Cleveland City Schools have better access to medical care - | Chattanooga News, Weather & Sports

Cleveland City Schools have better access to medical care

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Getting medical care is now a lot more accessible for students in the Cleveland City School System.

Holly Whaley says "So they are not leaving the comfort of their own school, not having to go to a doctor's office."

Thanks to a new telemedicine program,  Mayfield Elementary School nurse Holly Whaley is able to link directly to Nurse Practitioner, Natalie Pollard, through the computer.

Reyne Pohl says "It takes the guess work out of that school nurse, she doesn't have to wonder if that child has allergies or strep, she can do that test in her officer under the direction of this program."

Holly Whaley says "We can do flu tests, strep tests, we can do urinalyisis, normal childhood illnesses, ear infections and things like that."

The program, which is administered through Children's Hospital at Erlanger, just started in January, and Holly says they recently saw a big jump in visits as it catches on.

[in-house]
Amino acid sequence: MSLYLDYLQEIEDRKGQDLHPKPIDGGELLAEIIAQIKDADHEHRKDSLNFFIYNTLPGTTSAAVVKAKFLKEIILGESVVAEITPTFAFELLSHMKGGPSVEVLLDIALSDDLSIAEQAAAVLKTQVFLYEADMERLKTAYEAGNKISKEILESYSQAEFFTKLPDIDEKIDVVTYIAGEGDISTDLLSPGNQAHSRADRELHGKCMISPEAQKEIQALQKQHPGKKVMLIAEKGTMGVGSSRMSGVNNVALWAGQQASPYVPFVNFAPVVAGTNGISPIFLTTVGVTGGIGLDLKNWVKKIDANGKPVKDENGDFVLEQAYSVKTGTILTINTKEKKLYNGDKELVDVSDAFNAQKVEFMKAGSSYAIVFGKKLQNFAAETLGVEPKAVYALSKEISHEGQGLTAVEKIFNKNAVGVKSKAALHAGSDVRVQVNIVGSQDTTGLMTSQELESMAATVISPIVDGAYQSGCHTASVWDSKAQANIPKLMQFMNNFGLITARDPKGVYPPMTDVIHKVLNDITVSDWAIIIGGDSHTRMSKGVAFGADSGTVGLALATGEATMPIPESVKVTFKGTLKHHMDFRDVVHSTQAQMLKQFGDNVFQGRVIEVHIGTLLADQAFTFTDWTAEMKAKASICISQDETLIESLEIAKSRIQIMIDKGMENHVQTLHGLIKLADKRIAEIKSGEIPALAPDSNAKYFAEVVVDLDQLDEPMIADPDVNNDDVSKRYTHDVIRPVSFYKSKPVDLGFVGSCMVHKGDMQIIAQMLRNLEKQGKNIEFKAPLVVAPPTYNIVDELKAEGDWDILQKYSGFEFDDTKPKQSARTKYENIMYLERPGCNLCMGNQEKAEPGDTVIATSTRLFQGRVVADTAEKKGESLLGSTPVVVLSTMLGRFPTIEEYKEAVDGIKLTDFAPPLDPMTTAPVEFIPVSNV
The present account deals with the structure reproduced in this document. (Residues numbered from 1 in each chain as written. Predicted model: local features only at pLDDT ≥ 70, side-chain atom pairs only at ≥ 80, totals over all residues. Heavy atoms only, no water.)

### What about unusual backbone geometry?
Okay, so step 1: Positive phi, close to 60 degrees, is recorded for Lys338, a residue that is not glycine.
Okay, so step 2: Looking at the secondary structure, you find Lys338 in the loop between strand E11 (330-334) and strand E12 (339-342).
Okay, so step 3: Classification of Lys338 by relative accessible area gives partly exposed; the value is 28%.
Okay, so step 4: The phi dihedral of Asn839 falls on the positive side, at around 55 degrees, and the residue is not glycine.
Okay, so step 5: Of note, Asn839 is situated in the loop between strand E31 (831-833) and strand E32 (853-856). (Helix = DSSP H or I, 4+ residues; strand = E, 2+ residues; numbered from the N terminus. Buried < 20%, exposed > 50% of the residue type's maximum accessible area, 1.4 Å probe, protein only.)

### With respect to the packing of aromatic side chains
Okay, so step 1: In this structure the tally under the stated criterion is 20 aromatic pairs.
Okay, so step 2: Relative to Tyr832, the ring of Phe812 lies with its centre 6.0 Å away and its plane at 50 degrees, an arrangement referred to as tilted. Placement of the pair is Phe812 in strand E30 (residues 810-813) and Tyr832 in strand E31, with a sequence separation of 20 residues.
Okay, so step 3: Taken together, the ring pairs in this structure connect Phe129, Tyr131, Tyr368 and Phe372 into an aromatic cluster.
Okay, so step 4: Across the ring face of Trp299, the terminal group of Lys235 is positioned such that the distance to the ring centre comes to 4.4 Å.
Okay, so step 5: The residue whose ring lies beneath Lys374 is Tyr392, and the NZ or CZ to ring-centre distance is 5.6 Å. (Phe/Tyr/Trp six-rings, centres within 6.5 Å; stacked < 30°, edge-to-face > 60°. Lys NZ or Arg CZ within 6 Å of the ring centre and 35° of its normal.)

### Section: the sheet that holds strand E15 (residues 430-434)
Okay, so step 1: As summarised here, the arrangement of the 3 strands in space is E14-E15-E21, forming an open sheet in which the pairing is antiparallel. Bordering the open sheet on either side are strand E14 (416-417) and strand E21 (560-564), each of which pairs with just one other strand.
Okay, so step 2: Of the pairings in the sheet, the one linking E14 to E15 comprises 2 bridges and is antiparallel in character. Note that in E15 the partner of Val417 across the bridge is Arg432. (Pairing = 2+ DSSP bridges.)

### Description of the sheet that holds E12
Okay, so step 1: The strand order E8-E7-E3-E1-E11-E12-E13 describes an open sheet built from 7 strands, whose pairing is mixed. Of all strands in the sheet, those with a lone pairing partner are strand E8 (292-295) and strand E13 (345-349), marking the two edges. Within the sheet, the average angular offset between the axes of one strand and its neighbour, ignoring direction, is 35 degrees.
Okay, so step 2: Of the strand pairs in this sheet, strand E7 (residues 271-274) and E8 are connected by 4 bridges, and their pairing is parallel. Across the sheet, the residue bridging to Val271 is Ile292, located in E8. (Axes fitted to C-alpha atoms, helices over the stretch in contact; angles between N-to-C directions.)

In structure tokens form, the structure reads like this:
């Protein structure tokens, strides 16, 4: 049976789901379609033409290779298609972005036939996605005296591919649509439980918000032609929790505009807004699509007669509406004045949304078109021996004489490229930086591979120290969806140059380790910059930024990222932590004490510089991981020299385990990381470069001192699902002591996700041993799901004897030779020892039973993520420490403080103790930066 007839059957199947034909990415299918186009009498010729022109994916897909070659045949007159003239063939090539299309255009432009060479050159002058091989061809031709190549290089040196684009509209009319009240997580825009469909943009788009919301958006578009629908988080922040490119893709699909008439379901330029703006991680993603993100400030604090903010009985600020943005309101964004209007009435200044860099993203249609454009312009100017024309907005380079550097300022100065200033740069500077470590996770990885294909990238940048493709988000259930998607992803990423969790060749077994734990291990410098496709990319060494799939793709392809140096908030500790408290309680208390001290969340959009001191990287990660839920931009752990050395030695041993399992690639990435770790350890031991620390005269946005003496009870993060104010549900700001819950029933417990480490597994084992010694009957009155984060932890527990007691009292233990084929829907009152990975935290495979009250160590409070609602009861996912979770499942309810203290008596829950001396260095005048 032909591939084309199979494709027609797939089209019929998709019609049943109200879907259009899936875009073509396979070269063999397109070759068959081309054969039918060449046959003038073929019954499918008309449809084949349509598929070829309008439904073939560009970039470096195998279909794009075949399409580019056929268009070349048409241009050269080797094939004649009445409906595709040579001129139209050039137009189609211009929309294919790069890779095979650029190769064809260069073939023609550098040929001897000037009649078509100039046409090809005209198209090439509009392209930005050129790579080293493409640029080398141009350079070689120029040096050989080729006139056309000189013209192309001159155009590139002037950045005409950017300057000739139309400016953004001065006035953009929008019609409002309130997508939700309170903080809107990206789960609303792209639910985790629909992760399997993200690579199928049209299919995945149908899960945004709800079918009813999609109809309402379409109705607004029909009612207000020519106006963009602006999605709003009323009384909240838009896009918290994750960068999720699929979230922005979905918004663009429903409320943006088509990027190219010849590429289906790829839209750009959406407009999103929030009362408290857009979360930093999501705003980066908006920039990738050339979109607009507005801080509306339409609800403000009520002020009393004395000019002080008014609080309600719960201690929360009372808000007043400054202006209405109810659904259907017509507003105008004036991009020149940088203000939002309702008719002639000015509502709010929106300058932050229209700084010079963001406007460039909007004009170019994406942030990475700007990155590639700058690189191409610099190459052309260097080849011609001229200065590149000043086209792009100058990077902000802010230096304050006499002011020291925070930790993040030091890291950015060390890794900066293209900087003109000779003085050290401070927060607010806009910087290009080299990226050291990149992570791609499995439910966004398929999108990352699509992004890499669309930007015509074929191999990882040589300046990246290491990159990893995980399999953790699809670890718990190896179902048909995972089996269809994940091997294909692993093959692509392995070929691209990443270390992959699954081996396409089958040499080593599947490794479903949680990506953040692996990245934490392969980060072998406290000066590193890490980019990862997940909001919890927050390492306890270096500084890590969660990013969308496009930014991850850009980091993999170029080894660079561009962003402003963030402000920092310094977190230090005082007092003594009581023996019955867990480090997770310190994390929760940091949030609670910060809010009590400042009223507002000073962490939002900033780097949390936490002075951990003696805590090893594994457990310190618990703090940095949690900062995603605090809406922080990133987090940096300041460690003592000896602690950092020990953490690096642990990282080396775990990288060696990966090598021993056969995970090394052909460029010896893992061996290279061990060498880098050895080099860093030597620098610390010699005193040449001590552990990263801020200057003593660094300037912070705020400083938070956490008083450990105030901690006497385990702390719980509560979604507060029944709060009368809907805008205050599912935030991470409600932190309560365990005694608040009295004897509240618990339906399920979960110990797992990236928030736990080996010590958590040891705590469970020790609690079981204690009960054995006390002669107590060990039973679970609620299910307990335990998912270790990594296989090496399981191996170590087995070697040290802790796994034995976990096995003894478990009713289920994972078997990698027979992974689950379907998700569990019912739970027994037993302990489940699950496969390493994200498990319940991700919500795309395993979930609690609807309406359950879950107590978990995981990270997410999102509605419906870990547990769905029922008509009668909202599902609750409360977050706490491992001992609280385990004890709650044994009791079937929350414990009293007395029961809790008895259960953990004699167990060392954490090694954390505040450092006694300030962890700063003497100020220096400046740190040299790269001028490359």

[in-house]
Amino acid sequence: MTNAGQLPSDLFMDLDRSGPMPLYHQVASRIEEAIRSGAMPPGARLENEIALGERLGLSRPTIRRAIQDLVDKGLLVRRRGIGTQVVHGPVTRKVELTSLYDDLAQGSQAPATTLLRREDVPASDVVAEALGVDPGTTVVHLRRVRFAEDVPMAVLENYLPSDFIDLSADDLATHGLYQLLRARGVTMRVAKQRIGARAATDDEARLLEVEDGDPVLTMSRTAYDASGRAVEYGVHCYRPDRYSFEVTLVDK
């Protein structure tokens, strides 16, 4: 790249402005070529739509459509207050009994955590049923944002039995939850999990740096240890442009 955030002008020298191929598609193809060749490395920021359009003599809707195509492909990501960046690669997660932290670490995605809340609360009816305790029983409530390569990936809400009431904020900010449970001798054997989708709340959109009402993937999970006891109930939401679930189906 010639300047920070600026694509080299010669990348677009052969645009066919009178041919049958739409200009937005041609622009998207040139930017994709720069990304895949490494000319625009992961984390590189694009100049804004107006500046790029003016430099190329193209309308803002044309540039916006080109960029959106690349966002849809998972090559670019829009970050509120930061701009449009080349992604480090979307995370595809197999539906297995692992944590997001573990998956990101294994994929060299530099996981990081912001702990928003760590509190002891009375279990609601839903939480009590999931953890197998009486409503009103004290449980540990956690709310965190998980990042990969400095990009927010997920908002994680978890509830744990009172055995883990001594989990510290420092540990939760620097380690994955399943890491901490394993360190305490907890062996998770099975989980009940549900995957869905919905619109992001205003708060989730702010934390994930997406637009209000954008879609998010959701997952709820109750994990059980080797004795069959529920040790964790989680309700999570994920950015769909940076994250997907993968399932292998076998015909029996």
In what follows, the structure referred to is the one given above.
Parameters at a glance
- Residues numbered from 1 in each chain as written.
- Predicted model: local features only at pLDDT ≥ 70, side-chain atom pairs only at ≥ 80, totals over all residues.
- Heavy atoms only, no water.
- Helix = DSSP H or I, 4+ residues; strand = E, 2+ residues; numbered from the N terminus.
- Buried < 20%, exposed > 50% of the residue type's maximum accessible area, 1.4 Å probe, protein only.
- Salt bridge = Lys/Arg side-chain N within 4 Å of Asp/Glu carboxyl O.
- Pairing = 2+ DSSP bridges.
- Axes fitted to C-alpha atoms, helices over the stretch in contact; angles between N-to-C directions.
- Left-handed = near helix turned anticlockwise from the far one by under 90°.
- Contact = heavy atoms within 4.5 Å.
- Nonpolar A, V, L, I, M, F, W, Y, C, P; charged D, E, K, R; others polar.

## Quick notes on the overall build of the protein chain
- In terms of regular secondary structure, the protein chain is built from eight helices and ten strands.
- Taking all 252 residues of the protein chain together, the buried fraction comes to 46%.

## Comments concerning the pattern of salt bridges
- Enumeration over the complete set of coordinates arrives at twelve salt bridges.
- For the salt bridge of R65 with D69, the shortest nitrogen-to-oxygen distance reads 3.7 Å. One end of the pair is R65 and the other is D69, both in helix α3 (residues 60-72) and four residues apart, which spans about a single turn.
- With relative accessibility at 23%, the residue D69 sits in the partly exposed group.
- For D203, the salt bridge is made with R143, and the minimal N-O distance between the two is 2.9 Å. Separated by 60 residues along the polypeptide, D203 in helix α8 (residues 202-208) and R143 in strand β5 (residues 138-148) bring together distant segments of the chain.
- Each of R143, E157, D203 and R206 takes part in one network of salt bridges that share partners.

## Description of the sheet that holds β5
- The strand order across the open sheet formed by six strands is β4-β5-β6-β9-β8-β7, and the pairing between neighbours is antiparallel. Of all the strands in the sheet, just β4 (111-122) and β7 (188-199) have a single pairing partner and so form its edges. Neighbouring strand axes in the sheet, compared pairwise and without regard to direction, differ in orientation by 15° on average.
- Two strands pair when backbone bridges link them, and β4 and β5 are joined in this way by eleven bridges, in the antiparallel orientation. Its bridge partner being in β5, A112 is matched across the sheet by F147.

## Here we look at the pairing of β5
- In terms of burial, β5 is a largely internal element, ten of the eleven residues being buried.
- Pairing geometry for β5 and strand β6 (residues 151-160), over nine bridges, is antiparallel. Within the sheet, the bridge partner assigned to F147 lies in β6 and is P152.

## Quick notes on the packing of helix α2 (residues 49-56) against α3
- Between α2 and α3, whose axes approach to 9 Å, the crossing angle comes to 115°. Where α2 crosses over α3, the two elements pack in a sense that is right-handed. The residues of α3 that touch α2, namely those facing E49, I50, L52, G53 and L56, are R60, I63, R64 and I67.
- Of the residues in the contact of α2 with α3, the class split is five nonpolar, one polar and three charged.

Holly Whaley says "Our stethoscopes link in together, she puts hers on I mine on, what I'm hearing with the child, she's hearing the same thing.  She can see and hear everything I can see and  hear."   

Holly and those who work with this program say with this program there are a a lot fewer missed days of school and work....and it doesn't matter whether you have insurance which can make a big difference a lot of their families.

Holly Whaley says "They accept children with no insurance which saves parents a lot of money, a lot of worries that their children aren't going to be able to be seen if they are very sick."

While this is seen as the future of medical care for students, Natalie is quick to point out while she can diagnose a lot of routine ailments with technology through the computer, it doesn't replace a trip to the doctor's office in certain cases.

Natalie Pollard, Adult Nurse Practitioner, says "It is definitely the future of health care, I don't think it will ever replace going to the doctor, but I think it supplements it."

That supplement can make a big difference when it comes to the overall health of students, their school, and the community.
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